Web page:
Ocean Renewable Power Co, (ORPC) is a Portland, Maine based company that is positively impacting people’s lives and their environments, using river and tidal energy as a way to provide renewable energy solutions. With the recent launch of their first commercial product, the RivGen Power System, ORPC is helping provide energy to remote communities allowing them to reduce their dependence on expensive and environmentally unfriendly diesel fuel. We recently caught up with ORPC CEO & Co-Founder, Chris Sauer and President John Ferland to talk about the impact of the deployment of the RivGen Power System, their path to success, and ORPC’s future.
The 15-year-old Portland, Maine based company began their journey in 2004 by seeking to find a way to generate electricity from water currents in oceans and rivers without using dams, in a way that would not damage the environment, but realized that the technology that they imagined did not yet exist. With the help of the Carderock Division of the Naval Surface Warfare Center consulting on their technology, ORPC developed the turbine generator unit (or, TGU) using cross-flow turbine technology, which allows the turbine to turn no matter which direction water flows. The turbines always rotate in the same direction, eliminating the need to reposition the unit. A second major revelation for the company was that they could build TGUs with a low vertical profile, making them ideal to be deployed in shallower river depths. This innovation allowed ORPC to pivot from working in the oceans to being able to deploy their technology in rivers.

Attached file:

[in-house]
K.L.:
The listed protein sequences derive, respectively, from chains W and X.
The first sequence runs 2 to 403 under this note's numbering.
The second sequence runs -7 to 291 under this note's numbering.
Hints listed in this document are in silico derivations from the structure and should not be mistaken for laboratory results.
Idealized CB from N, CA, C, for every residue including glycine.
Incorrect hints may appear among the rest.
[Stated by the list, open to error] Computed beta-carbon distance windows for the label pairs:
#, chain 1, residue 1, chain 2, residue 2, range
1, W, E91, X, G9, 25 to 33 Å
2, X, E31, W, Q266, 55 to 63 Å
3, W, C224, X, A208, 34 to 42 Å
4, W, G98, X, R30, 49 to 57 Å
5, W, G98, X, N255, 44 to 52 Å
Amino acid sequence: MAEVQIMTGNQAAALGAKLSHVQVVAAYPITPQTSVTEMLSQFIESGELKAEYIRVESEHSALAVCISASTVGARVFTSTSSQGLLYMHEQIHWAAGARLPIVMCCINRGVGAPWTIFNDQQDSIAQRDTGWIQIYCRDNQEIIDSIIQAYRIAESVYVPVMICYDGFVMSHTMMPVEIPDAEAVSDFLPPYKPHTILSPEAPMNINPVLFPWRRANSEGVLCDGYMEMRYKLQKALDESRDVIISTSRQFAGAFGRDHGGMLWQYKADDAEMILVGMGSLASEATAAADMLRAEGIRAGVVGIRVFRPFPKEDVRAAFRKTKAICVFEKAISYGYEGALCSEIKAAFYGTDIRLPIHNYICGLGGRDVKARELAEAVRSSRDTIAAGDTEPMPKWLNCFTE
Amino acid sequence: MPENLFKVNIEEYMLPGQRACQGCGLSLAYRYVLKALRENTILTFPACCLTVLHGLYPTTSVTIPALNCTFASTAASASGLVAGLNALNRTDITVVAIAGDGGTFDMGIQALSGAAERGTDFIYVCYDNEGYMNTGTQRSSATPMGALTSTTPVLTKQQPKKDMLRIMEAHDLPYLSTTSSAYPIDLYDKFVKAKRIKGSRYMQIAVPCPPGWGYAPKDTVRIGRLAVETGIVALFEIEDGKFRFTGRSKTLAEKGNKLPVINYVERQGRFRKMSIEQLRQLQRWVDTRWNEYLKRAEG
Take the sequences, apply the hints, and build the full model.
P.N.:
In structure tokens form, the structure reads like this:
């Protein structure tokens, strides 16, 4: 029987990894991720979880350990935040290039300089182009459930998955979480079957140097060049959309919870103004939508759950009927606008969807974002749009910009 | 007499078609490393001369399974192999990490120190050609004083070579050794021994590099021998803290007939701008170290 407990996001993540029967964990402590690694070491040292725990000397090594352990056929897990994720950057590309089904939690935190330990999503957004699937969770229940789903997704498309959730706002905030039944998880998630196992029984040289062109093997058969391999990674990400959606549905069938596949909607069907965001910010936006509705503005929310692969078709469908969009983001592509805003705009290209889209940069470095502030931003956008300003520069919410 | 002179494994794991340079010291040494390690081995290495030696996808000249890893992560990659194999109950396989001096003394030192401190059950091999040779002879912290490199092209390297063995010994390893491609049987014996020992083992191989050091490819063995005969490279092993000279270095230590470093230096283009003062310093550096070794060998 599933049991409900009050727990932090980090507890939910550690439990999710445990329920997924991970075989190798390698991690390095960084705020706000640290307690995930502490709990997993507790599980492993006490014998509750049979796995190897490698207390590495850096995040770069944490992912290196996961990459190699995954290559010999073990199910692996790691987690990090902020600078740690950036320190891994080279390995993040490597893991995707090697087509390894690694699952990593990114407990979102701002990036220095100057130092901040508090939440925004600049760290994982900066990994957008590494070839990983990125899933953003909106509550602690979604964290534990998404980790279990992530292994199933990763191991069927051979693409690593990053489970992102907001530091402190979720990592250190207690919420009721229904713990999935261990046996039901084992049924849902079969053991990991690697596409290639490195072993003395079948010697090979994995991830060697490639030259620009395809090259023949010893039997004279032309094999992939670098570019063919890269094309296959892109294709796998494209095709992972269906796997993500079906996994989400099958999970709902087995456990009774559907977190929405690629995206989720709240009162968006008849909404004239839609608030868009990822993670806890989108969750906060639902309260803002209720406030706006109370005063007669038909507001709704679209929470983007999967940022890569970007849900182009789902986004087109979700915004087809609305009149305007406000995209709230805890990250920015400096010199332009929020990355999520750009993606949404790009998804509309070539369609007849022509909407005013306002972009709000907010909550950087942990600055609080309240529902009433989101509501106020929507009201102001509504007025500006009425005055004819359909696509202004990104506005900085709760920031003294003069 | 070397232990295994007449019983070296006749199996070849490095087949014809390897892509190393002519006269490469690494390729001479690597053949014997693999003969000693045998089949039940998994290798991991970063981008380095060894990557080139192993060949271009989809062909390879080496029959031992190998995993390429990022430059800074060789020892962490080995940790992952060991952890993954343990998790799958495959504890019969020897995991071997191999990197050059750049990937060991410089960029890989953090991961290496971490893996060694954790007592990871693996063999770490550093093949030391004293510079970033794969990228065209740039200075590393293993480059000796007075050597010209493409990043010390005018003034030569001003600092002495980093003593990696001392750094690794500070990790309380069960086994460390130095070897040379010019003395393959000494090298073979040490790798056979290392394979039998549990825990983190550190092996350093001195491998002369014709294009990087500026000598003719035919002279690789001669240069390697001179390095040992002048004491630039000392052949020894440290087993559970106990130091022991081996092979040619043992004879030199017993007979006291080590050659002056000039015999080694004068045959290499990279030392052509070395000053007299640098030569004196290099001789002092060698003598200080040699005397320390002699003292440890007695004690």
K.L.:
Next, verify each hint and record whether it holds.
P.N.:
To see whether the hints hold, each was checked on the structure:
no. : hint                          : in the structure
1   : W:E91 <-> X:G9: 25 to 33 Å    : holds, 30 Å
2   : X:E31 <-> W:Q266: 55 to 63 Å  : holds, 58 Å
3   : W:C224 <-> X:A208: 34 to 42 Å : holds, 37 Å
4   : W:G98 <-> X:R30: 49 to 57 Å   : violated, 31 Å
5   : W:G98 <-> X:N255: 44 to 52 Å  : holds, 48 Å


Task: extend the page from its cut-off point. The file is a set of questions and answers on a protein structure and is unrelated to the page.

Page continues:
In July 2019, ORPC saw the launch and deployment of its RivGen Power System in the Kvichak River in Alaska. By generating emission-free electricity from river currents and connecting directly into existing the community grid using smart grid technology, the RivGen Power System has brought power to the remote Alaskan village of Igiugig that will significantly offset their dependency on diesel fuel.
ORPC believes that through the development of their renewable technologies, that they can contribute in a beneficial way to the health of the environment and the local communities they work with, while also bringing positive social and economic impact as well. After 12 deployments of the RivGen System and extensive monitoring by third parties, no negative effects on the environment or wildlife have been documented. To date, there has been no occurrence of fish mortalities or sediment transfer. Additionally, all state and federal agencies have signed off on the RivGen System as being safe and environmentally viable. Deploying the RivGen System in rural areas has allowed ORPC to stimulate the economies of these communities on many levels by hiring local labor, fishing vessels, and using local materials.